Chapter 5 - Legislative Branch
Chapter 5 - Legislative Branch Pols 328
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This 6 page Class Notes was uploaded by Abby Kienle on Tuesday May 10, 2016. The Class Notes belongs to Pols 328 at California Polytechnic State University San Luis Obispo taught by Professor Arceneaux in Spring 2016. Since its upload, it has received 13 views. For similar materials see Politics of Developing Nations in Political Science at California Polytechnic State University San Luis Obispo.
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Date Created: 05/10/16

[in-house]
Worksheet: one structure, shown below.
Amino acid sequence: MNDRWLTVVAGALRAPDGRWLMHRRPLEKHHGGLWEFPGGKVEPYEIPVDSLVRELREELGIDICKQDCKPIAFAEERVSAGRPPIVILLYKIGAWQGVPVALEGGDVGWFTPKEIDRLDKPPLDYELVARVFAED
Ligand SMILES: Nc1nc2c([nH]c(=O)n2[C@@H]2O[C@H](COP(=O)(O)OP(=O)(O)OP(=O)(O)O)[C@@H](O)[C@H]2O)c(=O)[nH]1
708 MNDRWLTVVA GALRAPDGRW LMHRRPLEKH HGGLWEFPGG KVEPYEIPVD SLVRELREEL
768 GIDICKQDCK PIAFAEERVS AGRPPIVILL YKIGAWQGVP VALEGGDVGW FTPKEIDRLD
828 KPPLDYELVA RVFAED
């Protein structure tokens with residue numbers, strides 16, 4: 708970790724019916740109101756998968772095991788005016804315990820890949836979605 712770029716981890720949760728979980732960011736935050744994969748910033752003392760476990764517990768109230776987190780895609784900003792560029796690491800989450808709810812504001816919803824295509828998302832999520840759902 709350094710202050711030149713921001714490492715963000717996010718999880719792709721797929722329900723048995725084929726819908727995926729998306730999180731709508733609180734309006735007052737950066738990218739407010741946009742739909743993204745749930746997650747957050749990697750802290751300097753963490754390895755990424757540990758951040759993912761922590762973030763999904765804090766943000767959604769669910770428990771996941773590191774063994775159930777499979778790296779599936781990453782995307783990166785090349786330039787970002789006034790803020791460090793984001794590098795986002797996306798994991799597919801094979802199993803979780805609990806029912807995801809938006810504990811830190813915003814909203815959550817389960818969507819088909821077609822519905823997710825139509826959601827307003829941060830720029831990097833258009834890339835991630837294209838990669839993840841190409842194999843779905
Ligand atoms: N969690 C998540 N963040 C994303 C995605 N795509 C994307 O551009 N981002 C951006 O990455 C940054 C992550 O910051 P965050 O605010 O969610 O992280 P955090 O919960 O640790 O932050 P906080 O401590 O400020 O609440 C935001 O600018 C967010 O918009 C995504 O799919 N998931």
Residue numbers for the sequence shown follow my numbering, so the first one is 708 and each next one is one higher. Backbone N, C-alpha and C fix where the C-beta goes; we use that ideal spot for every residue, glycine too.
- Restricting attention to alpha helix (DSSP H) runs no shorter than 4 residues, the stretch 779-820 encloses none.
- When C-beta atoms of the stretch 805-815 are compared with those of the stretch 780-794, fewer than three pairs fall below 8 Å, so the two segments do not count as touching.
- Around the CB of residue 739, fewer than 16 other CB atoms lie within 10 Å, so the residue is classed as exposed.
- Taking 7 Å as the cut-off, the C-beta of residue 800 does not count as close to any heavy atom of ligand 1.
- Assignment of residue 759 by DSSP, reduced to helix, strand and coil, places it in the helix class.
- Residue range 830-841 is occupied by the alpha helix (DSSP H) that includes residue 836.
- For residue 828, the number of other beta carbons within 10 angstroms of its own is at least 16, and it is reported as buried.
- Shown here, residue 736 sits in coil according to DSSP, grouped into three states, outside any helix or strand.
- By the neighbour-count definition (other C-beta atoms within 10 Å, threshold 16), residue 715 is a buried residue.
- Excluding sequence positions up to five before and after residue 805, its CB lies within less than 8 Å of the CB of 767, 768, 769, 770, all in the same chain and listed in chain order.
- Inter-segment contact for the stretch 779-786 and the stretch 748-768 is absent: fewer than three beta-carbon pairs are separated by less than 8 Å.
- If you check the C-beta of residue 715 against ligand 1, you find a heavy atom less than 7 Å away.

Chapter 5- Legislative Branch Parliament vs. Congress o Labels indicate whether the legislature sits in the presidential or parliamentary system Parliaments are focused on the formation and preservation of government and do not enter the lawmaking process until the very end to vote Members of parliaments answer to their party leadership who they typically depend on for reelection Congresses take the field at the very start of lawmaking and continue their involvement until the very end Ideal Congress is equipped with more capable specialized committees than parliaments Members of congress answer to their constituencies and depend on them for reelections Constituency service causes members of Congress to take interest in their own local issues o Sources of conflict differ Parliament Structured strictly across par Congress ty lines Considered "orderly" Congressional members can easily reach across party lines to negotiate with party leaders, etc. Causes conflict Considered "disorderly" o Congress has been the norm in Latin America with the exception of Chile and Peru Chile parliamentary and Peru semi-presidential Representation o Representative function refers to how well Congress speaks, reacts, answers, corresponds with society A representative government is connected to society Critical to Congress as it lays the foundation for legitimacy Electoral system can create disproportionality o Controversy over how we should represent the people Delegate model: answer directly to the interests of the people and mirror their concerns Trustee model: delegates should take into account how long-term, national interests might warrant decisions that veer from the interests of their constituencies o Latin America has struggled with legitimate representation in the past Voting restrictions such as literacy requirements, the exclusion of women and the indigenous, taxes, etc. have deterred political participation and representation Deep socioeconomic unrest has also hindered legit representation Politics of patronage: the use of state resources to reward followers and punish opponents Characterized almost every party in Latin America "partyarchies" In the 1980s deep unrested opened political space up for women and indigenous peoples Quotas were put in place for women to be represented in congress Have helped many LA countries gain legitimate representation for women, but some still fall behind as the quotas have no penalties If not reached, leading many countries to bypass it Women have been known to use caucus groups to bypass partisan politics Unite women from different parties Indigenous groups still struggle with representation Meager growth still considered significant comparatively speaking to historical numbers Indigenous have sought to set up their own political parties rather than work through caucuses to ensure representation Arguments that these parties may cause fragmentation in the party system Other studies show that these parties create enthusiasm and more voter turnout from previous indigenous nonvoters Lawmaking o Legislatures have the creation of law as a central function Deliberative bodies Even minority parties have at least the occasion to express themselves in debate and gain a fair chance to persuade o Initiation How does a bill become a law? First stage involves the power of initiative In some LA countries, presidents have initiative power Several countries allow citizens to introduce bills through signature campaigns Some grant initiative power to courts or autonomous public agencies Debate After a bill is introduced, the president of the chamber typically sends it to an editing board to ensure that it is properly organized to facilitate debates Plenary session: session with all members of congress Held after a first reading First reading is used to allow general comments or questions about the bill but no amendments may be made After this the bill is sent to committee Committees Can be temporary or permanent Temporary committees usually focus on specific issues Committees usually fall short of their coverage in Latin America Bills are under most careful scrutiny in committees Committees can be very powerful actors in Congress They have more time to refashion bills than other members of congress Can also call hearings and experts to receive testimonials about a bill Also call on the constitutional tribunal to determine the legality of the law Committee Reports provide valuable information to other members on how to vote Committees exert agenda setting power through these reports Limitations Discharge petition: the plenary can demand bill to move form committee to a vote Key element to legislature Latin America has weak committee systems for various reasons Lack of money = lack of knowledge Do not have enough funds for staff and expert testimonials Institutional variations between countries Electoral turnover, party system fragmentation , weak parties Plenary After committee, the bill moves to plenary Enters phases of debate General debate: grants deputies two opportunities to speak for ten minutes on why they oppose or endorse the bill Specific debate: debate of the bill article by article that allows deputies to petition to modify, add, or eliminate portions of bills Final vote: members can vote in favor, against, or abstain Do not need all members there to vote Only a quorum: half the membership plus one Even if a motion passes in plenary, if 5 deputies question its resolution, it is sent to the Court of Constitutionality which has 60 days to review it and decide on its constitutionality After this, if passed, the President has 15 days to sign or veto the law o Oversight Vertical accountability: interaction among independent branches of government From the government to its citizenry Horizontal accountability: cooperation built in the system as congress makes laws, executive executes laws, and judiciaries adjudicate laws Branches can also question, punish, or remove members of each other Checks and balances Direct Oversight Reports and hearings serve as non-punitive checks wielded by Congress over individual government agencies in the bureaucracy Reports are usually legally mandated Hearings are more public and less common Latin American legislatures can use interpellation to get at the executive The right to question executive branch officials before plenary Can be for purely political reasons Impeachment can also be done The right to call a hearing for a trail for the chief of the executive Impeachments have become common in times of political crisis in Latin America Indirect Oversight Partisanship can undercut the will to supervise If the President's party controls congress, there will obviously be less oversight To combat this, the government created formal, autonomous, agencies to oversee executive action Ideally technocratic Audit agencies: Supervise the allocation of public funds as specified in the annual budget Usually dependent on legislature, but in some countries are formally independent Have constitutional guarantees of independence, access to financial info, and budgetary independence Ombudsman: another agency Offers citizens a channel to initiate investigations of unlawful behavior by public officials Contributes to vertical accountability Drafts resolutions in 2 forms Individual complaint form a citizen Broader concern Can also help individuals suing the state in initiating court action or giving classes on individual rights defense Lacks compelling power but exerts a certain form of "moral power" Supportive role played by ombudsman can be crucial to the development in trust in government and long term democratic consolidation o Education Legislatures can play an educational role as they educate the public and inform voters on national political matters Debates and public hearings are the best outlets for this Remedy to shortcomings is for the institution as a whole to take on the role of civic education about the legislature and government Inter-Parliamentary Union used internet resources to create websites that do so o Legislative Structure Many factors that determine legislative structure Size Larger size of chambers / houses allows for the development of socialization in certain issue areas and a greater range of the country’s population to be developed Smaller sizes allow more for a more intimate, consensual environment Population plays a major role in legislative size, it is not necessarily a deliberate choice Sessions When, how long, and how often a legislature meets matters More frequent and longer sessions allows for more bills to be brought to the floor to vote Some can convene under emergency circumstances but are only limited to debate on the issues that prompted the emergency program Term Lengths Legislatures also vary in term lengths Some say shorter lengths ensure responsiveness to the electorate while some say they impede the ability for deputies to gain expertise in their political field Alternates In Latin America, laws require that there be an "alternate" (suplente) candidate that is presented by each party should the proprietary candidate resign or be removed from office for any reason Political side effects Opens the door for negotiations between parties, bribes and deals Facilitates the movement of legislatures to the executive, further showing weak separation of powers Opens the door to subversion Bypassing gender quotas by assigning female candidates as alternates o Bicameralism Refers to the use of two representative chambers to fulfill the legislative role Most Latin American countries have a bicameral legislature Proponents say the bicameralism: Allows differing interests to be represented Ex: Britain; House of Lords represents nobility interests while House of Commons represents common interests Increases the quality of legislation The thought that another body will review your work / decisions on a bill brings with it an inclination to be more diligent Senate acts as a "council of elders" Usually smaller with more expertise and longer terms than lower houses Creates a more diplomatic body Symmetrical vs. Asymmetrical Symmetrical bicameralism grants equal powers to both houses Asymmetrical tilts towards one house or the other Incongruent vs. congruent Congruent systems shun the "council of elders" model and instead create chambers that are more similar to each other Strong bicameralism = symmetrical and incongruent Chambers answer to different constituencies and contend on rather equal terms Most LA Congresses are symmetrical but vary in congruency How to resolve intercameral differences Most Latin American countries employ the navette model Calls for bills to originate in one house and be sent to the other; then be "shuttled" back and forth to work out differences Initiating chamber and reviewing chamber are distinguished in this model The initiating chamber has the advantage of creating a stopping rule; making the bill come to a vote after shuttles back and forth Navette helps to balance power between the chambers because either house can be the initiator Others use Conference Committees Creates symmetry bc although each chamber can send as many members as they please, each chamber receives only one vote Bolivia and Uruguay use joint sessions to resolve issues